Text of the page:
The authors strongly advise against surgery for this patient population and make a call to “de-implement inefficient and potentially harmful subacromial decompression surgery.”

“Clinicians should not offer patients subacromial decompression surgery unprompted,” they continue, “and others should make efforts to educate the public regarding the ineffectiveness of surgery.” They theorize that, given the facts, well-informed patients would decline surgery.

Importantly, the recommendations of this CPG are consistent with other existing CPGs regarding shoulder pain, including a 2013 CPG for adhesive capsulitis published in the Journal of Orthopedic Sports Physical Therapy.

The benefits (and drawbacks) of clinical practice guidelines in physical therapy and occupational therapy

This new CPG has a valuable place in any rehab clinic working with atraumatic chronic shoulder pain patients. Indeed, well-developed and well-substantiated CPGs can improve patient outcomes and drive clinic revenue.

How? By informing and empowering patients, fostering greater trust between patients and their clinicians, and encouraging the use of interventions with stronger proven benefits compared to interventions with ineffective or harmful effects.

CPGs can also reduce unnecessary healthcare usage, and minimize heterogeneity in clinical recommendations. This is especially problematic for drawing conclusions from research in the rehabilitation field.

However, CPGs are not immune to drawbacks, including the potential of research bias and flawed data. These drawbacks must be considered, identified, and mitigated whenever possible when deciding to implement a CPG in a rehabilitation or therapy clinic.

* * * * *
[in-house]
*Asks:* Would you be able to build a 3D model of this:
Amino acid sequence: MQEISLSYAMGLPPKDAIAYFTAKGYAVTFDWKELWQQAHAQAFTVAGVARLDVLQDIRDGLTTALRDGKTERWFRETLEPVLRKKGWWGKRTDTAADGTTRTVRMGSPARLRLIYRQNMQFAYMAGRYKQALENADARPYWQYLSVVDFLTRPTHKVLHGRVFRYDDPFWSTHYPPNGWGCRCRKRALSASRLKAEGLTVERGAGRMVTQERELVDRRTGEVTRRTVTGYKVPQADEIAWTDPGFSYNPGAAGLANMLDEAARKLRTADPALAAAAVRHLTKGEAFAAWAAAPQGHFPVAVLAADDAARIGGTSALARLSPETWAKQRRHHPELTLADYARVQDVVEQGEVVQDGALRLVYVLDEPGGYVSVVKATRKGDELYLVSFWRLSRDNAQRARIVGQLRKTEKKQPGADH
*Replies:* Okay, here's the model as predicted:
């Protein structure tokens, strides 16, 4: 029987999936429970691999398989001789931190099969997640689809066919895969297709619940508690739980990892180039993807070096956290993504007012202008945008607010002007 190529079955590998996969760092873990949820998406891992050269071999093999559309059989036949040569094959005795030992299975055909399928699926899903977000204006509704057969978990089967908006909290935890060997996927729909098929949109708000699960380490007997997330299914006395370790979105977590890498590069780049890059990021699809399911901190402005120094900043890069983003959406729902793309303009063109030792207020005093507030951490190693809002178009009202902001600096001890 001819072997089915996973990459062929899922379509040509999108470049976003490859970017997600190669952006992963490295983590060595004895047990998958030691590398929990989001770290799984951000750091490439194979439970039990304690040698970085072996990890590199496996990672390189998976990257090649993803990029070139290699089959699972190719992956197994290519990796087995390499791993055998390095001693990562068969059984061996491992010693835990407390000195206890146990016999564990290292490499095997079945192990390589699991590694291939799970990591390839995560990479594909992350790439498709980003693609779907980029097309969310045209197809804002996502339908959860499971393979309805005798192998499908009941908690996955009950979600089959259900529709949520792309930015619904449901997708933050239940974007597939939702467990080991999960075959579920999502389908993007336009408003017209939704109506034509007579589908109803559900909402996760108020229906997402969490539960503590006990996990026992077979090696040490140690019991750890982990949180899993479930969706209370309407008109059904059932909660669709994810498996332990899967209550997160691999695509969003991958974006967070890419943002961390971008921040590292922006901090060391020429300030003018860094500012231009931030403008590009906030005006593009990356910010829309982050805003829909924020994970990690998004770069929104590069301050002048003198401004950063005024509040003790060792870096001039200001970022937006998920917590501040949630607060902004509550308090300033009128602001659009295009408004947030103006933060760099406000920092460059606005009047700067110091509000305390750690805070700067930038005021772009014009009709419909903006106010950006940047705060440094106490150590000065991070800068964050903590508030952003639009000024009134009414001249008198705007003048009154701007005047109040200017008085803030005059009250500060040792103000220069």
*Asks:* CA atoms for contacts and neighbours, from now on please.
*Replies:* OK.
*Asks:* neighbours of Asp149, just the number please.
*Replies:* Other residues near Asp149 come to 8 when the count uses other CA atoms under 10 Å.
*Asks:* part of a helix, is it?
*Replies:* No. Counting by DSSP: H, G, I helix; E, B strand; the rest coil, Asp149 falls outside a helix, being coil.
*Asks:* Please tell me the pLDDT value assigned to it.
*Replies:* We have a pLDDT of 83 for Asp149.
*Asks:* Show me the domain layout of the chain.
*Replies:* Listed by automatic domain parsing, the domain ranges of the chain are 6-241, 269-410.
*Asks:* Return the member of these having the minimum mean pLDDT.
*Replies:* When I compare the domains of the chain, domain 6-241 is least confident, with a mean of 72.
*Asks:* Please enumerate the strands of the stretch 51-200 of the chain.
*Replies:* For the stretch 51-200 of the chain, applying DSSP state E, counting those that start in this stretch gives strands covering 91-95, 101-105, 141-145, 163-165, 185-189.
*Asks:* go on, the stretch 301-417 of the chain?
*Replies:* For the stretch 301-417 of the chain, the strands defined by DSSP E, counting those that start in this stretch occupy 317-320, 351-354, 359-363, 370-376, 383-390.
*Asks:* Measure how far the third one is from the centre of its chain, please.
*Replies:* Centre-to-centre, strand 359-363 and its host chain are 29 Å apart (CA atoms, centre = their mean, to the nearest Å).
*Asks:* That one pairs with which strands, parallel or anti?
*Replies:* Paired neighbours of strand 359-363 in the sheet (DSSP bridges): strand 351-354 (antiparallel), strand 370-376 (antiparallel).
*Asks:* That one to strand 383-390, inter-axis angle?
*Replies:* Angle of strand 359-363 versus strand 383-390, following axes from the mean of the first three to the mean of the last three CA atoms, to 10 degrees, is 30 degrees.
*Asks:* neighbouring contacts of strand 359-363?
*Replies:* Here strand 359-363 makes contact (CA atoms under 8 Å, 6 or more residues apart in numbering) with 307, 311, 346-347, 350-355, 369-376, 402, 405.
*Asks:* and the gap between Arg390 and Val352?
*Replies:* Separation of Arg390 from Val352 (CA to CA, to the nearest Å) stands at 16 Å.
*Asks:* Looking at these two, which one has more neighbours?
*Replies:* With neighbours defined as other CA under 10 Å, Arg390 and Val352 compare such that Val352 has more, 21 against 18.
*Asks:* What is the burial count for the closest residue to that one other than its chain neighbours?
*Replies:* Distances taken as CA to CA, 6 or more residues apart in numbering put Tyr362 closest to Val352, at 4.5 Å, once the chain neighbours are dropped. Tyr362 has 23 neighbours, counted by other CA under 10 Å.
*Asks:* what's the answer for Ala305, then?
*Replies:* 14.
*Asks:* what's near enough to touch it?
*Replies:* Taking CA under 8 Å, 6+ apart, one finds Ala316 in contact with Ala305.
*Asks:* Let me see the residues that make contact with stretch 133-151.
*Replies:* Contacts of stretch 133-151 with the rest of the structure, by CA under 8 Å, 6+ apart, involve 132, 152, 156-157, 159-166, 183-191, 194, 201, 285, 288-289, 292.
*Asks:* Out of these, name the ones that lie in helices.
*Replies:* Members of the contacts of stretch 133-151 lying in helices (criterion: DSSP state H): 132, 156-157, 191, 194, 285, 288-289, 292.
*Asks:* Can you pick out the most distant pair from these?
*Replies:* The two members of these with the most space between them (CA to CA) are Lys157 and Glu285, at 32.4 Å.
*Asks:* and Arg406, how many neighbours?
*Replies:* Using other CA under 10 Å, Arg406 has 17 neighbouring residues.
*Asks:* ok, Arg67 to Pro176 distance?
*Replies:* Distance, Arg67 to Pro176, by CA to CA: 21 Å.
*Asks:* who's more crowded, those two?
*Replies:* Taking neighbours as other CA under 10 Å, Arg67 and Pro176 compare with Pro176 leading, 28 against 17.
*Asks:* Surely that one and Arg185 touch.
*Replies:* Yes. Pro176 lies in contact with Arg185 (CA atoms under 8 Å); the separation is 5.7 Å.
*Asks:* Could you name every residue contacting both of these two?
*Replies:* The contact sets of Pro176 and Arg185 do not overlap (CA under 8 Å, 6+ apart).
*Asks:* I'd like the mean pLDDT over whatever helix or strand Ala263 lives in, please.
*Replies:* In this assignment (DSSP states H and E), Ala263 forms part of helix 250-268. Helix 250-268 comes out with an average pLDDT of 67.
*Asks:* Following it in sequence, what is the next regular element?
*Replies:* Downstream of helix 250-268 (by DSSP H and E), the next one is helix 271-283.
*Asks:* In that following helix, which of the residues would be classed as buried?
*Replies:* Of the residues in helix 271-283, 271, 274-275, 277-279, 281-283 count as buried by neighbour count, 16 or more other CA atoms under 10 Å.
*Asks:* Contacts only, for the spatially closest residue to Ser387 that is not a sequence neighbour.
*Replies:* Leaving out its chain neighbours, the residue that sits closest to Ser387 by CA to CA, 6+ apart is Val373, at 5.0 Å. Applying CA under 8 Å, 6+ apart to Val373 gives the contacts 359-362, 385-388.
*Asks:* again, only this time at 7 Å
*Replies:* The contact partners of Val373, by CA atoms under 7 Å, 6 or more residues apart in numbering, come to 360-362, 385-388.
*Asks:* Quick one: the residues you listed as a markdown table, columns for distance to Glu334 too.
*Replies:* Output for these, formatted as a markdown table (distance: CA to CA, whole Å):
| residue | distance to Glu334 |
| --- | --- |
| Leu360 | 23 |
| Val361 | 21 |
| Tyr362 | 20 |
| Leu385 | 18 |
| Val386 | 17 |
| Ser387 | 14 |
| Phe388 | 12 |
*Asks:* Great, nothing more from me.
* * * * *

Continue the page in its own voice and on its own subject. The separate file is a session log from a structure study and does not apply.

If a CPG is effective, it must meet a few characteristics :

  • Be based on systematic literature reviews
  • Be developed by informed and multidisciplinary experts and representatives from affected patient populations
  • Must offer a clear explanation of the relationships between alternative options and patient outcomes
  • Must be rigorously based on evidence derived from explicit processes aiming to minimize bias, conflict of interest, and distortion
  • Be considerate of patient values and preferences
  • Provide ratings of quality of evidence and strength of recommendations
  • Be revised as indicated when new evidence warrants modifications and updated recommendations

Utilizing evidence-based medicine can optimize clinic growth, and perhaps most importantly maximize patient outcomes and enhance the strength of the clinician/patient relationship. Contact BTE if you’d like to learn more about how we can help you maximize workflow and clinical decision-making at your rehabilitation clinic.

 

References

  1. APTA. 2013. APTA contributes to new ‘playbook’ on pain management and opioid stewardship. PT In Motion News. http://www.apta.org/PTinMotion/NewsNow/category=New%20in%20Research&blogid=10737418615
  2. Kelley, M.J., et al. 2013.  Shoulder pain and mobility deficits: adhesive capsulitis. JOSPT. https://www.jospt.org/doi/pdf/10.2519/jospt.2013.0302
  3. Vandvik, P.O., et al. 2019. Subacromial decompression surgery for adults with shoulder pain: a clinical practice guideline. BMJ. https://www.bmj.com/content/364/bmj.l294
  4. Woolf, S., et al. 1999. Potential benefits, limitations, and harms of clinical guidelines. BMJ. https://www.ncbi.nlm.nih.gov/pmc/articles/PMC1114973/
  5. Murad, M.H. 2017. Clinical practice guidelines: a premier on development and dissemination. Mayo Clinic. https://www.mayoclinicproceedings.org/article/S0025-6196(17)30025-3/pdf